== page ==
There are no good options. Getting the battery isolated is probably the next best bad option! Back to the schematic; three 400-amp fuses, but which one isolates battery no. 3? I now discover there was no labeling on the fuses (my fault), and the schematic plan, not being a wiring diagram, does not identify which fuses are where (another shortcoming). Minutes tick by but eventually I figure out which fuse is which, and attempt to remove it.
Removing the fuse presents the next set of challenges: The fuse was installed with a socket wrench with a long extension in ideal conditions. To dig out my full tool kit with all the socket wrenches would take at least 5 minutes—time I don’t have. Anyone should be able to remove a fuse in a crisis with basic tools in less than a minute! Maneuvering with the only wrench I had handy, a box wrench, in a tight space meant I needed to work the wrench at bad angle which was rounding off the edges on the nut and not budging it. Further complicated by the fact the wrench was too long to swing it more than a few degrees. On top of that, the wrench was not insulated and I was working next to a large thru-hull valve which, of course, is grounded. One slip or misalignment would result in an electrical arc with the full amperage of the battery. One big spark! It would probably instantaneously weld the wrench to the thru-hull, and momentarily blind the person on the other end of the wrench—me! My quick solution was to pull the next fuse down the line (isolating two of the three batteries) then go after the correct fuse with a pair of Vicegrips. Not pretty or safe, but it got the job done.
After isolating the battery, the temperature stabilized and slowly started down. Huge relief! I baby-sat the battery for the rest of the night and ventilated the area for over a day. The next morning the temperature was only down to 140 degrees, and in 24 hours it was still warm but just below 100 degrees and dropping.
In conclusion, after having time to do some research, the steps I took intuitively, were all correct. Isolating the battery from the rest of the bank may or may not have made a difference in arresting the runaway. I figured it would have at least saved the other two batteries from being pulled down by the runaway. Unfortunately, as is usually the case, that damage was already done when the first battery first failed. As it turns out, all the batteries were at the end of their service life (five years and over 1000 cycles) and it is always prudent to replace all the batteries in a bank even if only one is bad. The only issue we will have now is having to run on a single 8D in the other bank (bow battery) until we can replace the three bad ones this spring. No powered winches or microwaved meals.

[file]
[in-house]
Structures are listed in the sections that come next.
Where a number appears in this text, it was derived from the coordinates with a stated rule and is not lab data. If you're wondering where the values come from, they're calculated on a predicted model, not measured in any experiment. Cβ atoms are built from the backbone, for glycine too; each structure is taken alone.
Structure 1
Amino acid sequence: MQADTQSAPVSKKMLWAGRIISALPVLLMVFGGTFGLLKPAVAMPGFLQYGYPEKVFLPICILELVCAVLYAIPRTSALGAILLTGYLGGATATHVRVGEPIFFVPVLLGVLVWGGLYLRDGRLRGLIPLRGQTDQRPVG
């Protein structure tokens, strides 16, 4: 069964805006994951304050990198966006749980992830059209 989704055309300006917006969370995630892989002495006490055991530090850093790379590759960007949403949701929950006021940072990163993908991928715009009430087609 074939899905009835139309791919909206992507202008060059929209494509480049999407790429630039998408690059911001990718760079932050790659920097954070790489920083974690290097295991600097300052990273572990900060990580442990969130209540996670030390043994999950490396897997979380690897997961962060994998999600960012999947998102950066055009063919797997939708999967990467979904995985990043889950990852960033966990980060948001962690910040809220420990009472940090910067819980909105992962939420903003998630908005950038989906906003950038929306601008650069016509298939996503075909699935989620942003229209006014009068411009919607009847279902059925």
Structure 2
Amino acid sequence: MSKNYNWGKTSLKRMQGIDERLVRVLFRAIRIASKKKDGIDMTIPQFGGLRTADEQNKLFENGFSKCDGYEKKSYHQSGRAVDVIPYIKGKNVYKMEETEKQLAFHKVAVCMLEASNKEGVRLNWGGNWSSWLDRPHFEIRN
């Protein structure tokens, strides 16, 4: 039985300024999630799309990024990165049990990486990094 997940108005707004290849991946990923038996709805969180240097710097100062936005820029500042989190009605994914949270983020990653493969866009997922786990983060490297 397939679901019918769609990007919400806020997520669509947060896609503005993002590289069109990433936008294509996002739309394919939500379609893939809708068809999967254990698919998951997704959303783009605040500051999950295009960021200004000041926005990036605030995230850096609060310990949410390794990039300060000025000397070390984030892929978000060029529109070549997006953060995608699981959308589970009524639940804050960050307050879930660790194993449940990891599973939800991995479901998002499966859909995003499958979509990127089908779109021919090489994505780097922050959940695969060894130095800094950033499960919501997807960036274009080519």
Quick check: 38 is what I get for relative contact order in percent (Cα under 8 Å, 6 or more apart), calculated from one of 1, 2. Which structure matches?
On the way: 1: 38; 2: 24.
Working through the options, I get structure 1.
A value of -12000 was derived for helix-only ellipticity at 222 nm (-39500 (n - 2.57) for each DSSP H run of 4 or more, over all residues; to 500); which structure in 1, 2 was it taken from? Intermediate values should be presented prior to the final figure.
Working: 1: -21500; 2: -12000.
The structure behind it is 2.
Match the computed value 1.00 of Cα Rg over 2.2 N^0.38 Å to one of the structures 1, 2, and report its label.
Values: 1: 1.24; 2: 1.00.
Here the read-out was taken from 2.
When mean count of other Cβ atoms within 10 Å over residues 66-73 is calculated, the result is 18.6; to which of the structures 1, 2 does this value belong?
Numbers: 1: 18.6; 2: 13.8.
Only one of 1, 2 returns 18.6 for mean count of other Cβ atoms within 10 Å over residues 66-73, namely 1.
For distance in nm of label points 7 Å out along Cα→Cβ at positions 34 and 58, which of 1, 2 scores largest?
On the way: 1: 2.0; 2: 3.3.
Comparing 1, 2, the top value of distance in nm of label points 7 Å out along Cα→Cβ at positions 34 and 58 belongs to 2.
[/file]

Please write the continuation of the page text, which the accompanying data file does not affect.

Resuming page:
With the benefit of further research, I can say that batteries can get into a runaway situation from either internal causes or external causes. What likely happened in my case was the batteries were failing (we had planned to replace them this year anyway) and with recent heavy use of living aboard in the winter with the heat pumps running off the inverter one of the cells may have developed a slight problem causing it to not take a charge. The AC charger still pumps out the programmed amperage but instead of the power going into six cells, the same amount of power is now going into five cells in that battery. This causes a slight rise in temperature of the cells which reduces internal resistance of the battery and tricks the automatic charger into thinking the battery can take more amperage than it really can. The charger automatically increases its output which causes the battery to heat up further, causing the charger to output even more, and so on and so on. Thus, creating a negative feedback loop, perpetuating the problem. The battery gets hotter and hotter until another cell fails and then another, at which point it is an unstoppable, runaway reaction resulting in a fire or explosion.
The chemical energy in a relatively small volume such as 245 Amp-Hour, 8D battery is downright scary! The energy stored in one fully charged 8D battery is roughly equivalent to 1/10th of a gallon of gasoline, and in case you are wondering, it can probably be unleased almost as fast! Fortunately, this is not a common occurrence with AGM batteries. Usually they just get weak and die peacefully. For now, I think I will steer clear of Lithium-Ion replacements, which are more powerful and even less stable, until the bugs get worked out.
One final note and one final lesson: Had the temperature sensor on the failed battery been operating as it should have (a known problem I never addressed) the charger would have detected an excessive temperature rise (more than 20 degrees F over ambient) and reduced the power before anything got out of hand. Regarding the lesson learned: Play out the what-ifs. Hind sight is 20/20 but if one has to remove a fuse in a hurry, can it be done in an emergency, under less than ideal conditions, with ad-hoc tools. I now have a specific-purpose insulated hex wrench attached in easy reach right next to the main battery fuses. Then what about having clear information on what is what? I also now have a wiring diagram of the fuse and battery wiring in addition to the schematic. I am not about to redesign these critical systems on the boat but perhaps there should be more emphasis on engineering-for-service in the design and building process. Installing a system in a boat is one thing, servicing the same system can be an entirely different procedure. Boat builders take note.